Although the modern personalization of search results means different people will see different results, there’s a good chance if you search for the phrase “CRM for law firms,” many of us will see the same top organic or natural search results.
The top organic result for this term is likely to be a timeless article from the ABA’s Law Practice Magazine titled, Is CRM Worth It? The Pros and Cons of Client Relationship Management. While the article was written in 2008, it’s loaded with timeless lessons for law firm CRM success, including the following:
1. CRM is more than a tool – it’s a strategy and a way of doing business.
The administrator was explaining that CRM wasn’t so much a software product, but more of an approach to how a law firm deals with its clients. A CRM system, she said, was much more than an expensive electronic Rolodex. Among other things, it would allow the firm to track clients’ needs and expectations and cross-sell services accordingly.
CRM is just one piece of the larger marketing strategy. And the strategy is really about applying a set of principles that will lead to the desired effect—better client relationships and therefore more work coming in from existing clients.
2. Sharing relationship knowledge through CRM requires a cultural change.
The first step is to convince the firms’ lawyers that who they know is a valuable asset. This step should be easy. Many lawyers consider their knowledge about their contacts and their networks to be as valuable as their knowledge about the law. The second step is to convince the lawyers that sharing their knowledge about who they know will create tremendous value for themselves and the firm. This step will be hard.
3. Attorney commitment to CRM is pivotal to success.
…generally the problem with CRM systems succeeding in law firms is that lawyers don’t like doing the activities that make a CRM system work. Most do not like the concept of “being in sales” and they do not like using things such as the lead-tracking features of a CRM system. They are spending most of their time e-mailing or telephoning their clients and referral sources, so too many believe that the only contact information they “really” need is the correct e-mail address and phone number.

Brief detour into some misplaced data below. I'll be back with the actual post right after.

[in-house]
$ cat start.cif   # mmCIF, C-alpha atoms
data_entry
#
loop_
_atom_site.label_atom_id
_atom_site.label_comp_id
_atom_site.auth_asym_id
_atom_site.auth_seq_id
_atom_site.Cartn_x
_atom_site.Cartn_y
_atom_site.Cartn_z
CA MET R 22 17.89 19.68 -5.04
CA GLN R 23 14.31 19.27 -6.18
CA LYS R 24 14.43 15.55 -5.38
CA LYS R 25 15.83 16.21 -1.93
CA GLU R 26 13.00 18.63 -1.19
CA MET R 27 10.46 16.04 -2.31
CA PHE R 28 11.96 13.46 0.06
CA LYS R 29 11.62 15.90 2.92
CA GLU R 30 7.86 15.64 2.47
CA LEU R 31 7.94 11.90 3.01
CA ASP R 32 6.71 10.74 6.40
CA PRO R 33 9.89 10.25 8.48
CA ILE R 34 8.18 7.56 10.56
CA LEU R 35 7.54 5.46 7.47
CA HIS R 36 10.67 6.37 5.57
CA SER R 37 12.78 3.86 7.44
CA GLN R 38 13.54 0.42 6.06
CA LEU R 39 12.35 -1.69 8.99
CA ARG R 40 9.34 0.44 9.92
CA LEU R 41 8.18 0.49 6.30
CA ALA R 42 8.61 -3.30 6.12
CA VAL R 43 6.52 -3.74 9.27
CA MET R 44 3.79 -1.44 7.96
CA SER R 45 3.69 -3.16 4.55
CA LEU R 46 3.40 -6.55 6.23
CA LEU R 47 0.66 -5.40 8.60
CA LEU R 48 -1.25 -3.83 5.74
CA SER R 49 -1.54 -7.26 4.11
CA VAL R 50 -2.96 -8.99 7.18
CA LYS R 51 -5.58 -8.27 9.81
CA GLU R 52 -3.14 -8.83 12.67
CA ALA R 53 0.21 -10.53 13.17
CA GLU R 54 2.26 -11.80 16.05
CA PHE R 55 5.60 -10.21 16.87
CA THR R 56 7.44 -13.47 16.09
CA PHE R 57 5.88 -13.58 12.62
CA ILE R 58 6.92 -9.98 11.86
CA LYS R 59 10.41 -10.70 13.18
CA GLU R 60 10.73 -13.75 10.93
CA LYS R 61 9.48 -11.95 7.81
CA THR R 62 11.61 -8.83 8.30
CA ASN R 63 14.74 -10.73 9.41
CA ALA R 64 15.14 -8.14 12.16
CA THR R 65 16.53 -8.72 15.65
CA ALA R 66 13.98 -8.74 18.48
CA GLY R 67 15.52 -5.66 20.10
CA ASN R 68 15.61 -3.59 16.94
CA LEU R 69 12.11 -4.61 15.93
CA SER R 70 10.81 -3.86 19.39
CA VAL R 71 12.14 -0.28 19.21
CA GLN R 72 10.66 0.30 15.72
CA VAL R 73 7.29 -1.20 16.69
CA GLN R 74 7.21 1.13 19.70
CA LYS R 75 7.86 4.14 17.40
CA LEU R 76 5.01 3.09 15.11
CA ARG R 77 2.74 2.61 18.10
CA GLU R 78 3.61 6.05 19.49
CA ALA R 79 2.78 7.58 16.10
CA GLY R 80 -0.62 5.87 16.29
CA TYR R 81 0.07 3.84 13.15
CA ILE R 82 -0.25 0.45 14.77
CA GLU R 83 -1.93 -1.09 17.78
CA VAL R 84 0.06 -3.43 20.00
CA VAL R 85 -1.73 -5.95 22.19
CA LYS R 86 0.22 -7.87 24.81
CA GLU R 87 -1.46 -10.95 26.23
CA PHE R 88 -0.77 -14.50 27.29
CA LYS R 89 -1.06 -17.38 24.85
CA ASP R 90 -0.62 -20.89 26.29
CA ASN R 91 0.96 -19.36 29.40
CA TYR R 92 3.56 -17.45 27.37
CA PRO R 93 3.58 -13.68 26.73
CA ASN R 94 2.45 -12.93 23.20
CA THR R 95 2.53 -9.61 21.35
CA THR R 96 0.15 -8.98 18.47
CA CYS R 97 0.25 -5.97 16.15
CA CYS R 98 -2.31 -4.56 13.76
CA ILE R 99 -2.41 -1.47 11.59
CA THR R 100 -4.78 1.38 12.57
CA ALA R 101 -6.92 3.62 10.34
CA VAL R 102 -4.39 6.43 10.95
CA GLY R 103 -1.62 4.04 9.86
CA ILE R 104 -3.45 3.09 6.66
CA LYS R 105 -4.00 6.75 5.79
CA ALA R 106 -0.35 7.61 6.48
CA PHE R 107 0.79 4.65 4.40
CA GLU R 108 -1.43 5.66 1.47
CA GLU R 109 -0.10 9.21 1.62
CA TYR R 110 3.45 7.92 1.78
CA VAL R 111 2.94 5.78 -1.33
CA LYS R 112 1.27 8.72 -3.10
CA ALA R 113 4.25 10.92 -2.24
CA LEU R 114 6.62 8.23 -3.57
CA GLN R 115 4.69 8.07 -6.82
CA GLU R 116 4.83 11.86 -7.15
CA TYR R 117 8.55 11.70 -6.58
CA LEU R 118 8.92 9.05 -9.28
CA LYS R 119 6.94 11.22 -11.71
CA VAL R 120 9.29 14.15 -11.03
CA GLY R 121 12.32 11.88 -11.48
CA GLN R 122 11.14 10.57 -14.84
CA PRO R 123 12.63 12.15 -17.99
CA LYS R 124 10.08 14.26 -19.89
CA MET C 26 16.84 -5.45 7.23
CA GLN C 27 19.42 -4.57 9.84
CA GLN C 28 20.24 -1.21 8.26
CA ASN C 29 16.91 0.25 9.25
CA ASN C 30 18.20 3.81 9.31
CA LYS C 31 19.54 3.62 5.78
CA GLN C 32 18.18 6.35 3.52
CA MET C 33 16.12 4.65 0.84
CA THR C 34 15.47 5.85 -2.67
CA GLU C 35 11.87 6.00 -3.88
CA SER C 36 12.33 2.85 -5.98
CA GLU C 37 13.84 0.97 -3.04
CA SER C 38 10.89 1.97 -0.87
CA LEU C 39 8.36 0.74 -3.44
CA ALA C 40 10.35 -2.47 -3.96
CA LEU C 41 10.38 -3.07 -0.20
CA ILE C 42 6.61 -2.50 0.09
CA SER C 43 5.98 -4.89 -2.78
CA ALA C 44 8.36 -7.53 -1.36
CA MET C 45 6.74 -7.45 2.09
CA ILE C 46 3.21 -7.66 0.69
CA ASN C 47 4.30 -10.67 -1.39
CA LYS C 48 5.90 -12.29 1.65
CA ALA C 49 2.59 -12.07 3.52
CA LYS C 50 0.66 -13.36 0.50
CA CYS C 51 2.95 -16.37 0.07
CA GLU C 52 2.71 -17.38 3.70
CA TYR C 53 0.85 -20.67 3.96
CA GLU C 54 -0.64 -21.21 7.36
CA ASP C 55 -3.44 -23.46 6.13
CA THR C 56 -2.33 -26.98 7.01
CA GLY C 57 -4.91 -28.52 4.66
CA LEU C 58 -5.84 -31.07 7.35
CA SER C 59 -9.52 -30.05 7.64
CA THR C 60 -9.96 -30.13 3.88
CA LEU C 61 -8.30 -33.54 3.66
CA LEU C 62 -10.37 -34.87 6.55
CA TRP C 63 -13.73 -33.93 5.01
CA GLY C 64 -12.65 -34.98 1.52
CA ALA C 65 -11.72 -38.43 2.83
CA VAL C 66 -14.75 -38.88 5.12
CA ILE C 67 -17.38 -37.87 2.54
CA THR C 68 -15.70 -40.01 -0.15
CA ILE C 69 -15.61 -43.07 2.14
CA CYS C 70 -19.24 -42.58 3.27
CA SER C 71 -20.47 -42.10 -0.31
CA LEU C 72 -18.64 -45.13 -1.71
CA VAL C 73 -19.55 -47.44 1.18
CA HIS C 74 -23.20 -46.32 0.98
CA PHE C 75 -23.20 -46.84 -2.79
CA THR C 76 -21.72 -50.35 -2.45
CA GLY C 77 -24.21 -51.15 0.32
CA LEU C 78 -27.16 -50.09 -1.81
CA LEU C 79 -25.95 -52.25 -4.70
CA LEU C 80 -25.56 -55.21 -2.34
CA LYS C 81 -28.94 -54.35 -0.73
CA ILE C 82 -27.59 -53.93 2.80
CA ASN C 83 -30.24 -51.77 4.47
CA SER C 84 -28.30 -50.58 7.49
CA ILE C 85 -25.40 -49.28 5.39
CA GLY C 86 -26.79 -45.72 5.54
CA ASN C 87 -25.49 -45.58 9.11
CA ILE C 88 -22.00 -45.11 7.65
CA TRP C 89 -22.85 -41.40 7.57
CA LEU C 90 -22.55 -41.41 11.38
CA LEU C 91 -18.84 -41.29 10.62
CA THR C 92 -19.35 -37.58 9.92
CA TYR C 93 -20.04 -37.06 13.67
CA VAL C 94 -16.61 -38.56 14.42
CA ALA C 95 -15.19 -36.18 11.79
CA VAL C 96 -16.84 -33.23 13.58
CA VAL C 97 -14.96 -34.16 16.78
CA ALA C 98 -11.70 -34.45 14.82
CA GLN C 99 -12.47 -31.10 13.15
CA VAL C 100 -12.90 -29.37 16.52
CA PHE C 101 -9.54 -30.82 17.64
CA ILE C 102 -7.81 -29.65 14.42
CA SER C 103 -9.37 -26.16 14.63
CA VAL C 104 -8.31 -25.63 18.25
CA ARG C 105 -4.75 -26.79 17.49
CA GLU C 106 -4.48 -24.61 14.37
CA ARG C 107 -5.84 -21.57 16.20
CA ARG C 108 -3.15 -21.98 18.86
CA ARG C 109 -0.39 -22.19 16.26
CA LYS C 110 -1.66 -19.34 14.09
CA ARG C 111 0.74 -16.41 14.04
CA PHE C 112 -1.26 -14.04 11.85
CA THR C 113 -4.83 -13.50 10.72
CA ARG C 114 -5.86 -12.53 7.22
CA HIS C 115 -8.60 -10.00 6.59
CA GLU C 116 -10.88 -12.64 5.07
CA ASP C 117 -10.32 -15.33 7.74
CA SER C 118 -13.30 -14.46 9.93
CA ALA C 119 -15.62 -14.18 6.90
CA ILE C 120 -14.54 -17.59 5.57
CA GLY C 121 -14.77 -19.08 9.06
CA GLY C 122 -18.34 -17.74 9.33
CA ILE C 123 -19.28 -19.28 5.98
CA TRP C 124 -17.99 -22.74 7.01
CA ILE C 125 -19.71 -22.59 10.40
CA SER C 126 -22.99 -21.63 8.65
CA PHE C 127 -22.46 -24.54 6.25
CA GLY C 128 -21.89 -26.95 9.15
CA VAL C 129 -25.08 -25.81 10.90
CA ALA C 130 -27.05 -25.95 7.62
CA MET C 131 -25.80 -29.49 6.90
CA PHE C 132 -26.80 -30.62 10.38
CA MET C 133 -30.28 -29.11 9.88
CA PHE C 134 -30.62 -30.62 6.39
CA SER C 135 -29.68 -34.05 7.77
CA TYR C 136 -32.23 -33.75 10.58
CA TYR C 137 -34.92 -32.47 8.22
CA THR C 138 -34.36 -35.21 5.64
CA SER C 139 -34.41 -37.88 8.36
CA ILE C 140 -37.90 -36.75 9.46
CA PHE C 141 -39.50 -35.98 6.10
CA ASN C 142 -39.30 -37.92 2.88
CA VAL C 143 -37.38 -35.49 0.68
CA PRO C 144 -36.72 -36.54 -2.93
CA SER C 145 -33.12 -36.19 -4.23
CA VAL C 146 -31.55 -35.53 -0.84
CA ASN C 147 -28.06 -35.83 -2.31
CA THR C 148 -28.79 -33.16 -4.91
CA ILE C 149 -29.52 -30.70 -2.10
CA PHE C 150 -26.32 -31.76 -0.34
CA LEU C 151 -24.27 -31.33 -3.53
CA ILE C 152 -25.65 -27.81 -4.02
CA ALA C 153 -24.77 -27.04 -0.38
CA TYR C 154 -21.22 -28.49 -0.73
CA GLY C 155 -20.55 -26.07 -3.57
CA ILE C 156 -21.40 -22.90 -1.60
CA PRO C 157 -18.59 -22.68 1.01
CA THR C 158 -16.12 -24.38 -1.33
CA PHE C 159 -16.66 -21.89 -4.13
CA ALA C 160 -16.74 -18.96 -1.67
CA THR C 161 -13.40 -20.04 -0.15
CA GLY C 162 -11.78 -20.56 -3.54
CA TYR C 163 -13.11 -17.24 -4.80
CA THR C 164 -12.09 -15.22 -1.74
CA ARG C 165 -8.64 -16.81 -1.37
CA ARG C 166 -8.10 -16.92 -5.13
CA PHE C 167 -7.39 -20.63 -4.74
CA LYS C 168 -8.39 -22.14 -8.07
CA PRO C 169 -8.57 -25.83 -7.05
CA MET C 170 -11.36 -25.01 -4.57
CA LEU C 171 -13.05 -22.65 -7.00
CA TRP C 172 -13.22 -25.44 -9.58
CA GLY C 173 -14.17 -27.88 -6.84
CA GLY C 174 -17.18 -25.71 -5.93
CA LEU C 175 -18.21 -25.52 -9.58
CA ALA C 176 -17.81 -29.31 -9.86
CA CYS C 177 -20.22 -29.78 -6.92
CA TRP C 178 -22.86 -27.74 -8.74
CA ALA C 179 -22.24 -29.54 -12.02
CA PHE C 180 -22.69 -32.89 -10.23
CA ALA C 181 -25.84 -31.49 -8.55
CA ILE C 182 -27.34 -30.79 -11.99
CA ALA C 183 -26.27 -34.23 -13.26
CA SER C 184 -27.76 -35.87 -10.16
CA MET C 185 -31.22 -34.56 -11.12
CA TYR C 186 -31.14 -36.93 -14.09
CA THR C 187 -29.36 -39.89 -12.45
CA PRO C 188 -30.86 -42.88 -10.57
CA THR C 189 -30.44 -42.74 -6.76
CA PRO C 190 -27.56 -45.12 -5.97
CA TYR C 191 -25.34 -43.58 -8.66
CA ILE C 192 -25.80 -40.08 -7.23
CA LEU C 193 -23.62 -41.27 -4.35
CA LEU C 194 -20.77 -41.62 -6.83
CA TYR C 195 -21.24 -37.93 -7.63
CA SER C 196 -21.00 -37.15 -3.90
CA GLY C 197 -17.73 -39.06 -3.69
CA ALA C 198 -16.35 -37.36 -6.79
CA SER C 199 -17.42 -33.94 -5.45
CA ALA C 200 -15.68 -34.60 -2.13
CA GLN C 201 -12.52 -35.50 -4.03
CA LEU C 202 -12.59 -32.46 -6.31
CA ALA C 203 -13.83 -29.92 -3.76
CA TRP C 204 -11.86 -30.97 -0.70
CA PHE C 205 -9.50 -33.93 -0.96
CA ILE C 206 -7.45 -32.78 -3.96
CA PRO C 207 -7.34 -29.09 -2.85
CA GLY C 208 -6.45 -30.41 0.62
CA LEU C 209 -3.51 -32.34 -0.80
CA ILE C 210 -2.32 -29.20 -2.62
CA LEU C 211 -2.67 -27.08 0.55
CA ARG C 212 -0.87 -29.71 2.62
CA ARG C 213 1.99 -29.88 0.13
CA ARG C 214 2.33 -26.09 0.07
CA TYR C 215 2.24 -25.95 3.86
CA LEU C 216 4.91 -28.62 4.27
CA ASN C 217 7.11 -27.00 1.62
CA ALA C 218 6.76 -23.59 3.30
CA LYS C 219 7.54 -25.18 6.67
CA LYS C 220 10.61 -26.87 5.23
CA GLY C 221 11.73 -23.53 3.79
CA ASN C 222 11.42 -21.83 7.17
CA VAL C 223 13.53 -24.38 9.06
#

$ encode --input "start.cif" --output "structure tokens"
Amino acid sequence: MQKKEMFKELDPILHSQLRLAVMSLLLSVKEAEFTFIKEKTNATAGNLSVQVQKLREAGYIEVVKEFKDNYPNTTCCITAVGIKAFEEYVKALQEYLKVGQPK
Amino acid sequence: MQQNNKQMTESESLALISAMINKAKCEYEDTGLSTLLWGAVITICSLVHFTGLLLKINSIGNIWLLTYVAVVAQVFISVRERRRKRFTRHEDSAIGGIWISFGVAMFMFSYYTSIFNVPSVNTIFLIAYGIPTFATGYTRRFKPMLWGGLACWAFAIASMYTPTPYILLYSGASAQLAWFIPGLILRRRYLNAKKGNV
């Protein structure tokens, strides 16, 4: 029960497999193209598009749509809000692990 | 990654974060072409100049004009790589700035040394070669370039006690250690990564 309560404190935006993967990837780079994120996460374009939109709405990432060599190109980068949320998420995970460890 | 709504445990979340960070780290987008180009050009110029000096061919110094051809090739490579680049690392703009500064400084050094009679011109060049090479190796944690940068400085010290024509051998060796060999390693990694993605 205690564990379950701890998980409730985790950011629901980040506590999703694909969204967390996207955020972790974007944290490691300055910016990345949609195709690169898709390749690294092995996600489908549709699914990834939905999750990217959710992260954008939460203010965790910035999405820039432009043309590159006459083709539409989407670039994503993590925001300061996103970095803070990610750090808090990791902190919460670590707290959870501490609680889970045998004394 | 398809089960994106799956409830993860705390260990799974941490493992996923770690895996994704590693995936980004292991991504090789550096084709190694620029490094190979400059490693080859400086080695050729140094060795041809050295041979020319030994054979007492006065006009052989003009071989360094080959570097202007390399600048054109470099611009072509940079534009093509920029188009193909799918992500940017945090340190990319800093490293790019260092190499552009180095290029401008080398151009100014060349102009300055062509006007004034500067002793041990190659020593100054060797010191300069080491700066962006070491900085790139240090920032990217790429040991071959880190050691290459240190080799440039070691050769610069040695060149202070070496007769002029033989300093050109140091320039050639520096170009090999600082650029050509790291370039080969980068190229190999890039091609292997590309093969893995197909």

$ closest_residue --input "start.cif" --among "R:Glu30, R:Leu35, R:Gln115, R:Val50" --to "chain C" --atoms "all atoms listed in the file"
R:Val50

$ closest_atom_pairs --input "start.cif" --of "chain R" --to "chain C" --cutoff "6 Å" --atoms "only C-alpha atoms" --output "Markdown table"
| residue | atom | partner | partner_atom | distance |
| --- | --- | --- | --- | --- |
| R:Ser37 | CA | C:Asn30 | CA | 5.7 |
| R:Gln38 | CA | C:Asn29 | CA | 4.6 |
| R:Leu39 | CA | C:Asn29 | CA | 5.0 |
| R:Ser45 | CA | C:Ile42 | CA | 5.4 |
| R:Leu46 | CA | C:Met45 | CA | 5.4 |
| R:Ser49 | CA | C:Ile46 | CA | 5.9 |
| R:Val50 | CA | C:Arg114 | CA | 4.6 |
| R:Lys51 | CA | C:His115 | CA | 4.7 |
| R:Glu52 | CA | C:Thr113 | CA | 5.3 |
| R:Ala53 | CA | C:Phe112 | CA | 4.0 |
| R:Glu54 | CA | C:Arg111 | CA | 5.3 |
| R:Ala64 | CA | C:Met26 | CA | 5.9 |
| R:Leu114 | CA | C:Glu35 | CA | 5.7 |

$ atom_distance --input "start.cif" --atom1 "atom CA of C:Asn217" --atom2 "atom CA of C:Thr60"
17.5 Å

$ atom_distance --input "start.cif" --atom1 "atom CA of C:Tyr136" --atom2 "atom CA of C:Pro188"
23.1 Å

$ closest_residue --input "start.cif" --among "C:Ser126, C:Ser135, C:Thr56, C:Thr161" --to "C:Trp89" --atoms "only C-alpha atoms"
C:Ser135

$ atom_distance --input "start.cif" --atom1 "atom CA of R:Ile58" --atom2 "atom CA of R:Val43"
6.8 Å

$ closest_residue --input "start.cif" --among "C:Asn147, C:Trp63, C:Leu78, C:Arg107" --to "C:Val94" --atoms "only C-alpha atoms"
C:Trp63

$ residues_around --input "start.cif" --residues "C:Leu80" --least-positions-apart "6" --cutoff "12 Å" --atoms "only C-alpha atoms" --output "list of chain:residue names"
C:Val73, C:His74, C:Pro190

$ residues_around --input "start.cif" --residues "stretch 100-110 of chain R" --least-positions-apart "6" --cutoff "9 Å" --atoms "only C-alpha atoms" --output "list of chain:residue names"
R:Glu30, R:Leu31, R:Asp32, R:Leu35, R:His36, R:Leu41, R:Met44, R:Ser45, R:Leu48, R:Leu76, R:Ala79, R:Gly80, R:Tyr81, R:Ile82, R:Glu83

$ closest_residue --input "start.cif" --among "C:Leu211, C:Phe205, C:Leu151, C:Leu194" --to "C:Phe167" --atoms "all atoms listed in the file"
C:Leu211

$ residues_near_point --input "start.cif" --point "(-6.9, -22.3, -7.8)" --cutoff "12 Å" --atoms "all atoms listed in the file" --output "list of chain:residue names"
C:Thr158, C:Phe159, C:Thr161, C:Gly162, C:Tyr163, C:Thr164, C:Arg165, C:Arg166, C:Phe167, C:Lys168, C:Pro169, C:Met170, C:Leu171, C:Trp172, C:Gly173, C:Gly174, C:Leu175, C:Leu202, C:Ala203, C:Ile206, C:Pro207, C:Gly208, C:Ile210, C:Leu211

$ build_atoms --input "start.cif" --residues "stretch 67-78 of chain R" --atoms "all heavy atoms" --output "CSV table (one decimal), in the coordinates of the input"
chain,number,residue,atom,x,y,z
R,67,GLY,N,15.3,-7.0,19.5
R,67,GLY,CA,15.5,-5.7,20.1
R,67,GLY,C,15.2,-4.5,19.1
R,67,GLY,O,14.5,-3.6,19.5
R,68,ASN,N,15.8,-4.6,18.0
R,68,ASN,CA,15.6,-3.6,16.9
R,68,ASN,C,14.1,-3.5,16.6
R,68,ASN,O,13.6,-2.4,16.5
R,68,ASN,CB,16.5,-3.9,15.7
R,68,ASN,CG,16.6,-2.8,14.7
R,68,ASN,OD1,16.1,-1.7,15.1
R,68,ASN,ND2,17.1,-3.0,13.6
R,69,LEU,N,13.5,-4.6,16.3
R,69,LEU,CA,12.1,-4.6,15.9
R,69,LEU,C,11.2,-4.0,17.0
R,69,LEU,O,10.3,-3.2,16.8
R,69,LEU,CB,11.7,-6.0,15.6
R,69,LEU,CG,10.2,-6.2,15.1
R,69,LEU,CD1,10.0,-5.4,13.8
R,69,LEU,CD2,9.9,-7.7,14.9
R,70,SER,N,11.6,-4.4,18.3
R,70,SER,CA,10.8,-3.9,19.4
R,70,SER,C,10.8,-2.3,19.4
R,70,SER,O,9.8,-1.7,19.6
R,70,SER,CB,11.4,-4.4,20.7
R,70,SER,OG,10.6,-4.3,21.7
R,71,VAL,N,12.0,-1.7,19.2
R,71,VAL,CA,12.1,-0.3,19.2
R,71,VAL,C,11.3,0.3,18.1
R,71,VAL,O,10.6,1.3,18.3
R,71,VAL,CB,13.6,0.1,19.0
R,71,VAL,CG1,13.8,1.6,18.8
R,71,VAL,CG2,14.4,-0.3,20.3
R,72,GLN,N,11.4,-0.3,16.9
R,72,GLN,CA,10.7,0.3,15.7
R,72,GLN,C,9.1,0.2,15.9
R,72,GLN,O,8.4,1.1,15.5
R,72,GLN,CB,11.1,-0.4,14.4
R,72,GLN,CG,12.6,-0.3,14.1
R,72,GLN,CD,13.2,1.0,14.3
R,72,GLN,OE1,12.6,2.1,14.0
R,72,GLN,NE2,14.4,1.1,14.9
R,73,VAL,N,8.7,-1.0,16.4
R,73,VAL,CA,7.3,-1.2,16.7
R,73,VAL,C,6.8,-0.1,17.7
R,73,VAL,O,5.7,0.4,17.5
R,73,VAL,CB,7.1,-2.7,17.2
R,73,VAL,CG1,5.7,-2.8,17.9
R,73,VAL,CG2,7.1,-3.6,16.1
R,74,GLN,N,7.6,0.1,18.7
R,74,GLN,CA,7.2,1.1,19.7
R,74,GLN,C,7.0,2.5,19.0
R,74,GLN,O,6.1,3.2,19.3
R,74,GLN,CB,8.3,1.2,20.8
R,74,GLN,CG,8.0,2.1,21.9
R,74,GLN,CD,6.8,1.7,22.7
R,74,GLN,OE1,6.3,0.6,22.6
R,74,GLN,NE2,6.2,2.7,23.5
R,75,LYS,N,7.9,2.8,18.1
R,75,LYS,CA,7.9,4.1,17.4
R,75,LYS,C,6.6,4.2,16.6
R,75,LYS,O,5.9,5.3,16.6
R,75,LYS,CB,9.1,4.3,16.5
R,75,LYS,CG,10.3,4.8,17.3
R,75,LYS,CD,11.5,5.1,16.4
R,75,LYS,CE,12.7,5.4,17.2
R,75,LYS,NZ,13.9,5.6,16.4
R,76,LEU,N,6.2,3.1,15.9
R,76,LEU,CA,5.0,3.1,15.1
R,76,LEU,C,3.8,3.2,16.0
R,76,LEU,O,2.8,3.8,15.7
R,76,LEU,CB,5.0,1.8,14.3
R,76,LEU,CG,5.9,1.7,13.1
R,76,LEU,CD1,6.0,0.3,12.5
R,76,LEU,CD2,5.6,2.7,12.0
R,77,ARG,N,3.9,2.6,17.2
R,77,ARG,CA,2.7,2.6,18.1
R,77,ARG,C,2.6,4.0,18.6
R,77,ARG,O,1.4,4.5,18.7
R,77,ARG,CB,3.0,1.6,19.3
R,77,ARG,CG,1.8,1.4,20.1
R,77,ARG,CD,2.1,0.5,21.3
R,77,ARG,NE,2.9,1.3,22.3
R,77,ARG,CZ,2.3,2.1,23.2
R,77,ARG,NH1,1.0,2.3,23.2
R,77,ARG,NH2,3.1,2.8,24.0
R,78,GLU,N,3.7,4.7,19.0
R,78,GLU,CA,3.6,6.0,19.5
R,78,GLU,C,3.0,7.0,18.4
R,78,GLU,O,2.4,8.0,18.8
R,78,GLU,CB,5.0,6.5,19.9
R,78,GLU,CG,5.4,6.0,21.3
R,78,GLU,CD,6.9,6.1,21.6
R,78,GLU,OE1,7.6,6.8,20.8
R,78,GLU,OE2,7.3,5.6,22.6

4. Obtaining attorney commitment to CRM means the system must work how and where lawyers work.
The test for the lawyers taking the time to update the system will be whether they find it easy to use and whether it gives them practical, useable information. Look very carefully at the user interface and design standard reports that can give the lawyers snapshots of the client relationship with each individual in the system.
5. The larger and broader the firm, the more important CRM becomes.
With far-reaching international corporations, it is difficult to keep track of who owns whom much less which clients are related to each other. Moreover, it is easy for clients to be tempted away by flashier, more innovative firms down the street. Meanwhile associates are no longer necessarily staying around for partnership, and lateral hiring is on the rise. How can new associates and laterals become quickly familiar with the firm’s clients? At 70 strong, Charlie, your firm is just reaching that size where it is no longer small enough to allow all the lawyers to get to know each other, much less each other’s client lists.
How about it? While this article was published about five years ago, do you think these principles still hold true? What is missing or what would you add to it?
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